Book Review: What is Black Art?

Book cover for What is Black Art?  Image courtesy of Penguin Books LTD

Reviewed by LaStarsha McGarity

What is Black Art? Edited by Alice Correia, Penguin Books LTD, 2022, Paperback / 352 pages / £10.99, ISBN-9780141998213

Recognizing significant gaps in her art history education and the lack of diversity in British art exhibitions in the 1990s, Alice Correia began exploring what has been coined the British Black Art Movement in the 1980s. This research led Correia to tackle a deceptively simple question, “What is Black Art?,” through the examination of forty-one artists’ statements, articles, reviews, exhibition essays, interviews, and speeches spanning the decade.

These writings reveal layers of intellectual thought, highlight cultural complexities, and humanize the racialized struggles of a rapidly diversifying 1980s Britain. If one is reading this book hoping to get a singular correct answer, expect to be sorely disheartened and frustrated.

Even the definition of Black in 1980s Britain was not as straightforward as one may imagine. Black held dual, often conflicting, definitions: one in overarching foil to whiteness and one centering the dispersed descendants of Africans. Black had been used to describe any person or community deemed not white and was used specifically in Britain to other those of African, Asian, or Caribbean descent. For example, Correia notes that “in Europe, the term ‘Black’ as a racial signifier has a long history dating back to fifteenth-century encounters between Portuguese and Spanish traders and Bantu peoples in sub-Saharan Africa… In Britain during the late 1960s and 1970s, ‘Black’ was commonly—but not always—understood to include people of African, Asian, and Caribbean heritage. Cross-cultural allegiances were fostered by organizations such as the Universal Coloured Peoples’ Association…” (Correia, pg. x)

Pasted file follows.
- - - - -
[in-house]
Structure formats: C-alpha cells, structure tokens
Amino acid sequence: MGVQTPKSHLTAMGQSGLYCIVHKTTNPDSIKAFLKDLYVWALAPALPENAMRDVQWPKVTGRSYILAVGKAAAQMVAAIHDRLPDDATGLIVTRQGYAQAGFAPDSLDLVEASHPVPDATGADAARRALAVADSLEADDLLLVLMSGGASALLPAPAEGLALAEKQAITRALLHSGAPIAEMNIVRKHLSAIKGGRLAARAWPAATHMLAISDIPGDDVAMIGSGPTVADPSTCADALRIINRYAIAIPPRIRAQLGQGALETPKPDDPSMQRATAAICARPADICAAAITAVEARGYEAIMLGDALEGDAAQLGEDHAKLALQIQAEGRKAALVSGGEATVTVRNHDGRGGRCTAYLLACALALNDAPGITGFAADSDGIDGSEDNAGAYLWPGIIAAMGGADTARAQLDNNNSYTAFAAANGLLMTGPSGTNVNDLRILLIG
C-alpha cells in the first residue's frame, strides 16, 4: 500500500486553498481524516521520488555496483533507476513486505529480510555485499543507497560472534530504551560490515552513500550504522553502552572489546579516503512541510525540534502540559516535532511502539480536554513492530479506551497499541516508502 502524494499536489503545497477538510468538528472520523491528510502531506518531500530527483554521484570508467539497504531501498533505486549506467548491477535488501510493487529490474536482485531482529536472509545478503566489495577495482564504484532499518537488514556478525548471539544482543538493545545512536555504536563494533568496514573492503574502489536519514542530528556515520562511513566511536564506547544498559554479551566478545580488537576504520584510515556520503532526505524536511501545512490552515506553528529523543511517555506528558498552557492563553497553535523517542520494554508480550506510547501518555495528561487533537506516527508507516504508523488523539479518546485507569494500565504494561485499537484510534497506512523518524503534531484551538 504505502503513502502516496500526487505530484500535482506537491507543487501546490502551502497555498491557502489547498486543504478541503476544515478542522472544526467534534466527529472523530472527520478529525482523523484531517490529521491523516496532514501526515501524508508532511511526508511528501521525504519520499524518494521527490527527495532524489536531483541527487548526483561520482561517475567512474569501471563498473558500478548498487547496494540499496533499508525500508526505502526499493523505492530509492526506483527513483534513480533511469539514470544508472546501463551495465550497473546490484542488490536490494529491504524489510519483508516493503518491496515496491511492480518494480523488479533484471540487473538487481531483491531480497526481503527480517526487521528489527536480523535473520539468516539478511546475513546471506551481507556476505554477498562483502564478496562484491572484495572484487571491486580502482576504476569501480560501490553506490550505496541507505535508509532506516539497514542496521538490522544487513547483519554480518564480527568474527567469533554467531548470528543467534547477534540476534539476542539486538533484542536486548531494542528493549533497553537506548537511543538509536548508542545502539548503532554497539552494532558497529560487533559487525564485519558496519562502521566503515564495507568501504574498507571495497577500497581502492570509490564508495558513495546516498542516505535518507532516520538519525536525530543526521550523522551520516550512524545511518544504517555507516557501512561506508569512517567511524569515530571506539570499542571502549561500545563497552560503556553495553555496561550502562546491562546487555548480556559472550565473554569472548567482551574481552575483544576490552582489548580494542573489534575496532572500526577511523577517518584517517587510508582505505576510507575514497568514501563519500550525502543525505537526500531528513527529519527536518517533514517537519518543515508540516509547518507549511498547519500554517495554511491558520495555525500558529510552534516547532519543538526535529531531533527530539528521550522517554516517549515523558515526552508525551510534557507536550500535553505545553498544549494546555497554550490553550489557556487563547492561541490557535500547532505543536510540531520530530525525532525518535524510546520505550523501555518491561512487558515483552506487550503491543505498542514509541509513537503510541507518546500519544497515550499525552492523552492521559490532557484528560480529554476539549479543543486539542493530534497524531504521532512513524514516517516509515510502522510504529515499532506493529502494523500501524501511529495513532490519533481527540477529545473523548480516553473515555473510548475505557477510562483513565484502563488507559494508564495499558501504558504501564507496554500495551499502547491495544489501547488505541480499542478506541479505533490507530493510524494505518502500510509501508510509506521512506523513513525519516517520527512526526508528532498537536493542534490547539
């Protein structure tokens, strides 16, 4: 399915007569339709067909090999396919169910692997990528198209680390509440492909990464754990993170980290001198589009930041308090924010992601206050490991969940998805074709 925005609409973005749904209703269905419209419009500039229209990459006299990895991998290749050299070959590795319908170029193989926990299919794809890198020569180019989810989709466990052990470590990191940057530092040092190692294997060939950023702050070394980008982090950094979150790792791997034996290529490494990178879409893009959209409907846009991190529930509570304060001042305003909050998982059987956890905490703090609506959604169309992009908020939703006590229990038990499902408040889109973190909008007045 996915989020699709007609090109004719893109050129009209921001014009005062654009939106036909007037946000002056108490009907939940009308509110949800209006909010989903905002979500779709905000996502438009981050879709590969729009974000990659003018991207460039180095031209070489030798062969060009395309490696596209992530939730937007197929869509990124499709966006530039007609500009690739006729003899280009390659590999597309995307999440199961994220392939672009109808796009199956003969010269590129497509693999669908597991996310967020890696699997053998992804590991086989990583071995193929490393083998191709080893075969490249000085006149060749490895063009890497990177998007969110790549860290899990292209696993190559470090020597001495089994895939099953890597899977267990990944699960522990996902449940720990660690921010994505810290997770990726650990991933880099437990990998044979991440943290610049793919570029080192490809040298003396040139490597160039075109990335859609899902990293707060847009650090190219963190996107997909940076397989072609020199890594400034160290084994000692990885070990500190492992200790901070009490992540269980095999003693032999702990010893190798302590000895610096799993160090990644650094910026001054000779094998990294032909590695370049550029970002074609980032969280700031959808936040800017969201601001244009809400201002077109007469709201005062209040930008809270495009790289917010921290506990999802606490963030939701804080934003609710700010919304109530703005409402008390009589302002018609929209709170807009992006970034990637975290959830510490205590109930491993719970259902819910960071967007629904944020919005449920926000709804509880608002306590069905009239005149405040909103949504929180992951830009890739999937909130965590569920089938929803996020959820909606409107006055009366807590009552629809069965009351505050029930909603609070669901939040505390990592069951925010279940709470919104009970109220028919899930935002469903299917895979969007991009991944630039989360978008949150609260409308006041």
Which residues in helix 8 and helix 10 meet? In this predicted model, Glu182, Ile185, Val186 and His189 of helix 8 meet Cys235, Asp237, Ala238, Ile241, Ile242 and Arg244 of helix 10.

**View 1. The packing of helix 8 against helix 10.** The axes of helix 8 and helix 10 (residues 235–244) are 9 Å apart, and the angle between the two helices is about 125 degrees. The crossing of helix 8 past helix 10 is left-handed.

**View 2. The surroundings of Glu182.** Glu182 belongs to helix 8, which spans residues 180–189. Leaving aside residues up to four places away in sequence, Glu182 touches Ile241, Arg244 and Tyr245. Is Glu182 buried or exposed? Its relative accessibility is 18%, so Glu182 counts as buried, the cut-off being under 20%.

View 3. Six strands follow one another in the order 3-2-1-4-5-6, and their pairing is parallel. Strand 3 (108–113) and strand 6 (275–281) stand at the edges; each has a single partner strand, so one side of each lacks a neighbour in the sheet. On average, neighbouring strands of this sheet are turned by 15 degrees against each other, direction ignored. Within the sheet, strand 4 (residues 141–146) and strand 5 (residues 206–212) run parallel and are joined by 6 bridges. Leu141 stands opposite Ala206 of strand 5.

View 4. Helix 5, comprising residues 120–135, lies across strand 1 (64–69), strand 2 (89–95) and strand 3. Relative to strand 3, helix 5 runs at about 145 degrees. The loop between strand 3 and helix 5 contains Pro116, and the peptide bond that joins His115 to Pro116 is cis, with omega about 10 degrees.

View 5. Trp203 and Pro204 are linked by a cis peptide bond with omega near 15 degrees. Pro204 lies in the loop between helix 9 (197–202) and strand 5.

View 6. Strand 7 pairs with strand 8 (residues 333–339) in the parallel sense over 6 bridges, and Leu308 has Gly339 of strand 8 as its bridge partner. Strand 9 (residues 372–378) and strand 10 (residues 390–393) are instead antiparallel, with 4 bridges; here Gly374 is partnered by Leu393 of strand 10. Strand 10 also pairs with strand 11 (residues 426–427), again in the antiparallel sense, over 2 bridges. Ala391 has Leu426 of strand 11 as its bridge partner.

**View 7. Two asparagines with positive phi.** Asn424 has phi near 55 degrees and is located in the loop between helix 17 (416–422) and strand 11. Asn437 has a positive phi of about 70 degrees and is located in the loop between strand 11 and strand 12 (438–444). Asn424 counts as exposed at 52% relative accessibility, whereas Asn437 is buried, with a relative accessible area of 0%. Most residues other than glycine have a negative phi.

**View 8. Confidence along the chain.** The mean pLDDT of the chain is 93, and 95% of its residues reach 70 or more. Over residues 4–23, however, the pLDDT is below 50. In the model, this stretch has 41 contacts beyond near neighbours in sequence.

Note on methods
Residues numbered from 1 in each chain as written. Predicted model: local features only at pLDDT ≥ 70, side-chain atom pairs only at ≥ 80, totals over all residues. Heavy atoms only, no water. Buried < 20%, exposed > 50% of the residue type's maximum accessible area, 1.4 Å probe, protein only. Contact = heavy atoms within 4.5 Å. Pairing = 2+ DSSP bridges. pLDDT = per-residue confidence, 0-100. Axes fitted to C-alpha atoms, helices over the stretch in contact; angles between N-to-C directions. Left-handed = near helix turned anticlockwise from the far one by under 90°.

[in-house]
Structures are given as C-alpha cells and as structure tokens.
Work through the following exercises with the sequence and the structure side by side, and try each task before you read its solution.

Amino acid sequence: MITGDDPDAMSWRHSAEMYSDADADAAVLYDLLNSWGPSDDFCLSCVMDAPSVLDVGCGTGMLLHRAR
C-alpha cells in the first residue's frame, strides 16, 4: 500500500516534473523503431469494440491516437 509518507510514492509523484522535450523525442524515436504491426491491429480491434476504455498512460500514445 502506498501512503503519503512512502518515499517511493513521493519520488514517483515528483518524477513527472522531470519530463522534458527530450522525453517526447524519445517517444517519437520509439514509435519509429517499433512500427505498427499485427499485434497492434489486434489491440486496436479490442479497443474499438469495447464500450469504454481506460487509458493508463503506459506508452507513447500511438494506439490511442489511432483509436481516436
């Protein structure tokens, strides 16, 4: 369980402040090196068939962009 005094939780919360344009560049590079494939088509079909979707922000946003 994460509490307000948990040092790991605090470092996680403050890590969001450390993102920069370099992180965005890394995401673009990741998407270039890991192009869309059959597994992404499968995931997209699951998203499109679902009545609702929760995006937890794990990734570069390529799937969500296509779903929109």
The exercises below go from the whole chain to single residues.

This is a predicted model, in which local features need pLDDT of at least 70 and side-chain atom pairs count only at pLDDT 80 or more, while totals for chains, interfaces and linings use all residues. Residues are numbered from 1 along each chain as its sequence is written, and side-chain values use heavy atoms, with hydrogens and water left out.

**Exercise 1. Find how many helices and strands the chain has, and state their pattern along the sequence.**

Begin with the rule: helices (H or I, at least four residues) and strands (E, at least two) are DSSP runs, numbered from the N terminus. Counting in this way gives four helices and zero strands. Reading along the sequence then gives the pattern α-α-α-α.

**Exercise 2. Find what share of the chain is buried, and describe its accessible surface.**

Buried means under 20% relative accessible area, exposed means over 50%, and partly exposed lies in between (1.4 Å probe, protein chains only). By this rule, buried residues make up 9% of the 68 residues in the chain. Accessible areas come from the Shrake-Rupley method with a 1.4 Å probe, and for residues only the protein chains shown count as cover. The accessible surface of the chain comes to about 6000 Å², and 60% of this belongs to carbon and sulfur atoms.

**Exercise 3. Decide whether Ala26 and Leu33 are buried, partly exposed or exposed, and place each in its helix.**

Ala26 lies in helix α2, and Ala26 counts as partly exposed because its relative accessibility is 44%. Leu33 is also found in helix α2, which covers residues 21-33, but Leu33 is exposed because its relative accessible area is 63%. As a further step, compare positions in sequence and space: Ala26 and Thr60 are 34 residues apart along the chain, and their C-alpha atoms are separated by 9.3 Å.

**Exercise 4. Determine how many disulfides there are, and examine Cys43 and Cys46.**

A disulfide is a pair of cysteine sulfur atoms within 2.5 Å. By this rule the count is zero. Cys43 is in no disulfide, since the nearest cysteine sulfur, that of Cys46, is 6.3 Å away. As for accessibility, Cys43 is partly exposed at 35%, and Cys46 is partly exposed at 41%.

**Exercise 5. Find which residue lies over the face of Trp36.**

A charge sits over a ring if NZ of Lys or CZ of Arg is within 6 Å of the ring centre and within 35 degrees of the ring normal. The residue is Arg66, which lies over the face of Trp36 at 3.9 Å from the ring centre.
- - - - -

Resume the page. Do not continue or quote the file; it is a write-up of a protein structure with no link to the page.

Black was reclaimed during the 1960s by the descendants of the African diaspora to define themselves as a collective whole, first in the United States, by groups such as the Black Panthers and leaders of the Civil Rights Movement, and later by the British Black Panthers. The latter usage closely resembles the modern term, Person of Color (POC), with its issues of cultural erasure and the lack of nuance alongside its cross-cultural unification and solidarity. As cultural theorist Stuart Hall puts it, “the term [Black] came to provide the organizing category of a new politics of resistance among groups and communities with, in fact, very different histories, traditions, and ethnic identities.” (Correia, pg. x)